Now that it’s summer, you may be asking the age-old gardening question, “To fertilize or not to fertilize?” Plants do need nutrients to not only maintain existing leaves, roots, flowers or fruits, but also to develop new ones. But is this the time to fertilize?
The three primary plant nutrients are nitrogen, phosphorus and potassium. Nitrogen is the main nutrient that supports plant growth. It makes plants green and leafy. Provided at the right time and in the proper amounts, nitrogen can give plants the kick-start they need to produce a bountiful harvest. Be careful, though — too much nitrogen can cause plants to grow too fast and become leggy, and it can interfere with flower and fruit development in vegetables such as tomatoes and cucumbers. Phosphorus is the nutrient that supports root, flower and fruit development but it also supports plant growth. Too little phosphorus may cause stunted growth and reduced yield. Potassium is required for overall plant development. Timing of application and application amounts of these nutrients are important because nitrogen, phosphorus or potassium applied in excess can be leached into groundwater and pollute our waterways.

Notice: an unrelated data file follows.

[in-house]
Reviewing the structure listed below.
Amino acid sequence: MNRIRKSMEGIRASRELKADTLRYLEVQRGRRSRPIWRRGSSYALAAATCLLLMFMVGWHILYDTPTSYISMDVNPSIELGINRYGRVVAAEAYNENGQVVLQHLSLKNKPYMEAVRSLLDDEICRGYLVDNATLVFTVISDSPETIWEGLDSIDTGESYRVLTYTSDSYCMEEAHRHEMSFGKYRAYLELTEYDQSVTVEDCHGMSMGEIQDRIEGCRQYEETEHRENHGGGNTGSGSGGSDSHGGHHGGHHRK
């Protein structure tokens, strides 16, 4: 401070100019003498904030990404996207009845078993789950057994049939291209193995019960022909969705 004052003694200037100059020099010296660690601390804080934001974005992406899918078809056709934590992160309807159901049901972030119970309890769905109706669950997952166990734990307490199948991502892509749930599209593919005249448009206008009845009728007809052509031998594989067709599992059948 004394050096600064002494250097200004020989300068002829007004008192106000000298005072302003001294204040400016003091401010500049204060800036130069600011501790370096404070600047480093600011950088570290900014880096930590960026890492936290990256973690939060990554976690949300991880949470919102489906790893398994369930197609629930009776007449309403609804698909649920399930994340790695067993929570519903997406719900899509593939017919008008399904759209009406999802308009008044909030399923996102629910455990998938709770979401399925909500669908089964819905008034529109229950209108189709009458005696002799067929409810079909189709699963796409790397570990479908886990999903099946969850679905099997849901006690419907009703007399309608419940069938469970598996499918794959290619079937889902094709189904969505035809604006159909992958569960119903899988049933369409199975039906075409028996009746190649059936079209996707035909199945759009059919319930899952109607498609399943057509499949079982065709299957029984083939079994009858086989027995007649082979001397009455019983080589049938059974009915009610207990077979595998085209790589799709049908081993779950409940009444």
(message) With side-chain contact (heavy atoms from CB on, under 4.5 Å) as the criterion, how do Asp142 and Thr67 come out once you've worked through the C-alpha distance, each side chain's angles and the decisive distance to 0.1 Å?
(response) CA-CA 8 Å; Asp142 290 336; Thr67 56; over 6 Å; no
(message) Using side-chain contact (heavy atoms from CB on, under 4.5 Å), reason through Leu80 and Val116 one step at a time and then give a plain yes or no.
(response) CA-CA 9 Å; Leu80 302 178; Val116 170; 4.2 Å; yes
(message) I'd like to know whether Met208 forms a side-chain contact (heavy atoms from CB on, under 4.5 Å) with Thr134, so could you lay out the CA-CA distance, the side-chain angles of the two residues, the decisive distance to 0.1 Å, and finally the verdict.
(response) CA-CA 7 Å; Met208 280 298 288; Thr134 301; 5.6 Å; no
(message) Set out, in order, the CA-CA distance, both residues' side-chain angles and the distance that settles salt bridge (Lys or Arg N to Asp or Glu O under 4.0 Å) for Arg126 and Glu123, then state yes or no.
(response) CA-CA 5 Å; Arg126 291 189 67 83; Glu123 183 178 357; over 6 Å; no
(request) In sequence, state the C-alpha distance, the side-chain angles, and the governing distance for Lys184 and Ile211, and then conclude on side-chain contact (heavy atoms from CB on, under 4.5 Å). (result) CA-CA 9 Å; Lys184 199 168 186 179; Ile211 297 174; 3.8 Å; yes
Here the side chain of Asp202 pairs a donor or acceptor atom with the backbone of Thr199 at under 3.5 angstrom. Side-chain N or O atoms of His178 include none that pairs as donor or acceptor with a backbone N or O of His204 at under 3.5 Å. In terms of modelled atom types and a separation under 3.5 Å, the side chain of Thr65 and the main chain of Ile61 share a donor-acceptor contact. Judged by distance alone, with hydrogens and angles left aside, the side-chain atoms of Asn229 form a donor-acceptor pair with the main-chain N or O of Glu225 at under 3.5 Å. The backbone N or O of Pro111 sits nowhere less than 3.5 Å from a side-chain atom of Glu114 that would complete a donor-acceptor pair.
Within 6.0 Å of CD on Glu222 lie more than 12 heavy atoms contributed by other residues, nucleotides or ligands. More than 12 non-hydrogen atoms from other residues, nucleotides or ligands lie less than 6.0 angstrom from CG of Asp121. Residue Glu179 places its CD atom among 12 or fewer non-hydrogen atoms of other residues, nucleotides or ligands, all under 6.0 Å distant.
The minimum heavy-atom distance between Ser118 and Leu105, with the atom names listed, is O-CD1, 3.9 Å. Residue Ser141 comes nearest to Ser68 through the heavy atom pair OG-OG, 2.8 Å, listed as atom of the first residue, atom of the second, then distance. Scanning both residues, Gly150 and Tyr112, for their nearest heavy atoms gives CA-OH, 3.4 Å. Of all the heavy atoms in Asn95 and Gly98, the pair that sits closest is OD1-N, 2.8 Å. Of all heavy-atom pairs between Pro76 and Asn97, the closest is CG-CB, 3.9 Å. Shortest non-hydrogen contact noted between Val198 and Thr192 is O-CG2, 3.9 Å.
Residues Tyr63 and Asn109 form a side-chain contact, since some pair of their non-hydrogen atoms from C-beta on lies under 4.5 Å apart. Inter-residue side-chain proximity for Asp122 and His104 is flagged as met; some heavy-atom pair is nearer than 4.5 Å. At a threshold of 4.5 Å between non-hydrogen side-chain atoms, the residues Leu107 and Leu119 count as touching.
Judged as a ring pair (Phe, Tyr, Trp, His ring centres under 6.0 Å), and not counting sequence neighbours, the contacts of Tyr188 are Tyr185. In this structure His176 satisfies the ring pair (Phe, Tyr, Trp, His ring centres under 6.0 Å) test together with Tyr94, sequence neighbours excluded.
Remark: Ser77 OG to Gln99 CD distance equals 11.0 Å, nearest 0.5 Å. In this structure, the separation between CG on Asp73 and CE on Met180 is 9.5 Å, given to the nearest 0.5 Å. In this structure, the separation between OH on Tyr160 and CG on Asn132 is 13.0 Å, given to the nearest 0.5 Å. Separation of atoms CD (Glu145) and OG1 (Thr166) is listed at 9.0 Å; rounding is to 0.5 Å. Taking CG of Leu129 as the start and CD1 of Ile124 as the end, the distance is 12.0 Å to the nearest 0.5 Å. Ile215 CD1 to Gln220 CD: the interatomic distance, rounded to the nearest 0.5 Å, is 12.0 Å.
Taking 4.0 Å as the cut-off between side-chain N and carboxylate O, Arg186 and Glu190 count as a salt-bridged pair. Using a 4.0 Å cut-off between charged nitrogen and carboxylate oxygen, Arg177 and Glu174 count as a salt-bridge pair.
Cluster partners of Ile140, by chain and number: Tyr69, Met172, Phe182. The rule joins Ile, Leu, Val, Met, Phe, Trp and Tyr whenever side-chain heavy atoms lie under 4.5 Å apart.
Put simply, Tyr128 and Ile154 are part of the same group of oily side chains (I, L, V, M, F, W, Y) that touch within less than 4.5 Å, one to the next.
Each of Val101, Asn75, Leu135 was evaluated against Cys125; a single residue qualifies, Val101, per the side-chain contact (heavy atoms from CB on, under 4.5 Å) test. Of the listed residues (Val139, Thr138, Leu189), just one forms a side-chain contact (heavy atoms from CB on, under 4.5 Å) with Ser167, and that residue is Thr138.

It may not be necessary to fertilize much in the summer. When we add fertilizers to our soil, the nutrients are held on organic matter particles. The organic particles act like a pantry, holding onto the nutrients that plants use for growth. How do you keep more plant nutrients in the soil? Add organic matter to increase shelves in the soil pantry. By increasing the amount of organic matter in your soil, you increase your soil’s ability to hold onto the nutrients until your plants are ready to use them. The organic matter slowly supplies nutrients as plants need them. Soils that don’t have much organic matter can’t hold onto soil nutrients well. When you apply fertilizers to these low-organic-matter soils, much of the fertilizer washes away when you water.
Avoid fertilizing lawns now the temperatures are high except with slow release or organic fertilizers. The lush growth fast release fertilizers such as 21-0-0 or traditional lawn fertilizers encourage is highly susceptible to diseases and heat stress. Slow release fertilizers release their nutrients gradually. They maintain good color and health of the lawn, but don’t make the lawn grow rapidly.
For information on specific vegetables’ nutrient needs during summer, read “Fertilizing Your Vegetable Garden,” by Dr. Heidi Kratsch, Horticulture Specialist, University of Nevada Cooperative Extension, http://www.unce.unr.edu/publications/files/ho/2010/fs1068.pdf.
JoAnne Skelly is Associate Professor & Extension Educator, Emerita, University of Nevada Cooperative Extension. She can be reached at firstname.lastname@example.org.